Last fall, Josh Dolan discovered his chainsaw was stolen. It was old, greasy –smelly even– so he had kept it outside on his porch in the Northside neighborhood, hidden out of sight.
“I was devastated,” says Josh. His maple syrup operation in Enfield, Sapsquatch, could not continue without a chainsaw. Josh uses it to thin the forest for optimum tree growth and to stockpile wood for stoking the fire needed to boil sap into syrup. Plus, it was a gift from his mom. This wasn’t the first time he’d experienced theft. Once someone reached through his kitchen window to steal a bag of groceries on the counter, he says. Josh’s situation is unique in that he lives in the City of Ithaca and commutes to the sugarbush.
“Besides the evaporator, the chainsaw is my most important tool,” he said. The evaporator, pictured above, is a large pan used for boiling sap into syrup.
Without the cash to buy a new chainsaw, Josh turned to the community. He set up a crowd-funding campaign and publicized it via Facebook. Before he knew it, he had raised enough to buy a new one, along with a hardhat and other safety equipment.
During the spring maple season, Josh invites friends to come out an explore the land, which he rents from family, and help keep the fires burning, sometimes through the night, as the maple sap is boiled down into sweet syrup. Josh says that the community aspect of sugaring is something he loves about the work. He regularly hosts school groups for educational programs. His community building paid off, quite literally. When he needed help, the community supported him. This year he tapped six hundred trees, and turned their sap into gallons and gallons of syrup.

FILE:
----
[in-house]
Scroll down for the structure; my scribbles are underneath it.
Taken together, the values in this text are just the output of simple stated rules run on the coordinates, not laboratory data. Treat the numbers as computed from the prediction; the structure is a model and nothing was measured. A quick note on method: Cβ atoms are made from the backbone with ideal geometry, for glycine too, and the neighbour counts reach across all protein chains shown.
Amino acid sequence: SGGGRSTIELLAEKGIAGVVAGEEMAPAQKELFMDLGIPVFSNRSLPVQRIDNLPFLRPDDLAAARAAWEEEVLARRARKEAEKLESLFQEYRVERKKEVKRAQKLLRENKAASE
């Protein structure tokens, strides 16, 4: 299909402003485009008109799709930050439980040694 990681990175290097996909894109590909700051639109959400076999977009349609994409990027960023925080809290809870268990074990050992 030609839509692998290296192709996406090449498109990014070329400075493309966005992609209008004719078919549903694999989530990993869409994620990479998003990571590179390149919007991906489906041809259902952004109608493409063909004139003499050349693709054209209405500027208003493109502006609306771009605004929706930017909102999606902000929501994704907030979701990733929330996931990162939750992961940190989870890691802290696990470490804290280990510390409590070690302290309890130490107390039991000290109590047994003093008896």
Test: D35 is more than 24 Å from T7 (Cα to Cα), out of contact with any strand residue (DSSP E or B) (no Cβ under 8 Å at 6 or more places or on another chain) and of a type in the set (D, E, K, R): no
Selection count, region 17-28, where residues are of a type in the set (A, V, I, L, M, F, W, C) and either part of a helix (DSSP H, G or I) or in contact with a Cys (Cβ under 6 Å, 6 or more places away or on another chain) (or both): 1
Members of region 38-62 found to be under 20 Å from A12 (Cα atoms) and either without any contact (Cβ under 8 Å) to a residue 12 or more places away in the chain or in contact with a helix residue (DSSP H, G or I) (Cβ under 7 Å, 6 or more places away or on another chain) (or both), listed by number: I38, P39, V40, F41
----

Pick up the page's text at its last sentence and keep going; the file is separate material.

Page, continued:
Thefts of farm equipment in the area are common enough that the New York Farm Bureau regularly offers advice on theft prevention in their newsletters. Nationwide, farm equipment is a frequent target of crime, particularly because rural areas are tough to monitor. Crops are even a target. No statistics are kept on farm equipment thefts in Tompkins County specifically, but about 2,000 property crimes are reported here annually.
Image credit: Photo by Josh Dolan of Sapsquatch